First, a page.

Demultiplexing of Magnetic Nanowires with Overlapping Signatures for Tagged Biological Species

Reza Zamani, Joseph Um, Bethanie J.H. Stadler

Research output: Contribution to journalArticlepeer-review

23 Scopus citations


The drive to comprehend nanomedicine and biology with a reliable technique for multiplexed detection of biological entities, such as biocompatible membranes, regenerative tissues, and cells, demands much of the current state-of-the-art technologies. Angular-dependent coercivity (ADC) and first-order reversal curve (FORC) measurements are frequently used for the identification of magnetic nanowires (MNWs), but a robust framework for quantitative demultiplexing of signals is still lacking. In this paper, we first extracted quantitative characteristics from ADC and FORC measured on samples including a single type of MNW. We then analyzed the ability of these characteristics for quantitative demultiplexing combinations of MNWs. Backfield remanence magnetization was determined as the most reliable characteristic for quantitative multiplexing applications. Our approach envisions an insightful pathway for accurate quantitative identification of biocompatible membranes labeled with MNWs, even if their magnetic signatures overlap. Very small volume ratios of multiplexed labels were detected without requiring fluorophores, which opens a future for cellular multiplexing as well.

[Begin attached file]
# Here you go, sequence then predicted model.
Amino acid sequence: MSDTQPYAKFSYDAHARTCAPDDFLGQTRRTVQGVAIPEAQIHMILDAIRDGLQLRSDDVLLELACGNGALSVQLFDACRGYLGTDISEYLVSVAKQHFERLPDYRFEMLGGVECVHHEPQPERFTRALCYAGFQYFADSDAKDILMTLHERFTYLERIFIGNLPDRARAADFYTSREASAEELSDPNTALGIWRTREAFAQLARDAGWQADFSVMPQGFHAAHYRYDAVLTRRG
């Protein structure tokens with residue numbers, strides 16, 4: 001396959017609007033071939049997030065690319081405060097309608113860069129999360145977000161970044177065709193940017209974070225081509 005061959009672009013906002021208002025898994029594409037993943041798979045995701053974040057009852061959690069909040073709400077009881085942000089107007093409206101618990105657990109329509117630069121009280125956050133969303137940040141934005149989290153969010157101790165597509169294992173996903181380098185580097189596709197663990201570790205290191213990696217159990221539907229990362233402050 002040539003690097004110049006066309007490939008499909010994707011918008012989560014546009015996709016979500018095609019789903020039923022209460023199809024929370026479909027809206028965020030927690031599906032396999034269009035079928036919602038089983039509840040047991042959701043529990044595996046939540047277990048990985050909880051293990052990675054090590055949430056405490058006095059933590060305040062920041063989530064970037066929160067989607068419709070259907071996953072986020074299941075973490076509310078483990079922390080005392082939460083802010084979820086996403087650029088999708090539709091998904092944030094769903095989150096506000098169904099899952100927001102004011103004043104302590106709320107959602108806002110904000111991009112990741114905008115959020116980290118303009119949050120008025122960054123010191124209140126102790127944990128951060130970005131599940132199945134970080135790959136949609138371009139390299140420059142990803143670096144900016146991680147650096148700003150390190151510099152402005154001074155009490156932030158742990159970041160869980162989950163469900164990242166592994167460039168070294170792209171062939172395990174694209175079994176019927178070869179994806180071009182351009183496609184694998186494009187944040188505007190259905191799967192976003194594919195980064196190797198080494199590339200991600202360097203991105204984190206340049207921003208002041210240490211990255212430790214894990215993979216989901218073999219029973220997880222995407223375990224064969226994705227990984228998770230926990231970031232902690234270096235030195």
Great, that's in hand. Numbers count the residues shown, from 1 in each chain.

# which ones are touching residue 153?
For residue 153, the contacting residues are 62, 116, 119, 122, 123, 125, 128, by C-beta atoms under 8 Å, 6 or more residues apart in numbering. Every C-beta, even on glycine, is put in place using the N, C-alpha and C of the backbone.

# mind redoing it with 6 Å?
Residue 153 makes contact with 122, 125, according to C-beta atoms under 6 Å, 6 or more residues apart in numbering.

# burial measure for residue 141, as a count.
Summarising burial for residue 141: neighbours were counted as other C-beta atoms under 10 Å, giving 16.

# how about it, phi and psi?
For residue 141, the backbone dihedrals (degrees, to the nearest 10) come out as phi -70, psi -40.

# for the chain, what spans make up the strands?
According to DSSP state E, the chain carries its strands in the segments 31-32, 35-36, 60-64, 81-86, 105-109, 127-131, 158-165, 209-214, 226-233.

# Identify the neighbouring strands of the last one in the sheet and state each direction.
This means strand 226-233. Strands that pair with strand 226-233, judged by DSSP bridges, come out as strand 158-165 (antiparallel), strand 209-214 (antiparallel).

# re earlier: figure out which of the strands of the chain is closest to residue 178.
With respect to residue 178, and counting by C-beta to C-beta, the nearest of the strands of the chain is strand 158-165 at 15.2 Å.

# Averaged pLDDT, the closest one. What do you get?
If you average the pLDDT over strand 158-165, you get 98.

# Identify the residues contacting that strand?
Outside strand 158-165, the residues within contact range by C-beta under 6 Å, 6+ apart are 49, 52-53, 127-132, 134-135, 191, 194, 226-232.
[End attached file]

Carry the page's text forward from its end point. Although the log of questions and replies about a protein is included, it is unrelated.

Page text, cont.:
Original languageEnglish (US)
Pages (from-to)3080-3087
Number of pages8
JournalACS Applied Nano Materials
Issue number3
StatePublished - Mar 27 2020

Bibliographical note

Funding Information:
This work is based upon the work supported primarily by the National Science Foundation under grant no. CMMI-1762884. Portions of this work were conducted in the Minnesota Nano Center, which is supported by the National Science Foundation through the National Nano Coordinated Infrastructure Network (NNCI) under award number ECCS-1542202. Part of this work was performed at the Institute for Rock Magnetism (IRM) at the University of Minnesota. The IRM is a US National Multi-user Facility supported through the Instrumentation and Facilities program of the National Science Foundation, Earth Sciences Division (NSF/EAR 1642268), and by funding from the University of Minnesota.

Publisher Copyright:
Copyright © 2020 American Chemical Society


  • ADC measurement
  • FORC measurement
  • magnetic biolabels
  • magnetic characteristic
  • magnetic nanowires
  • multiplexing


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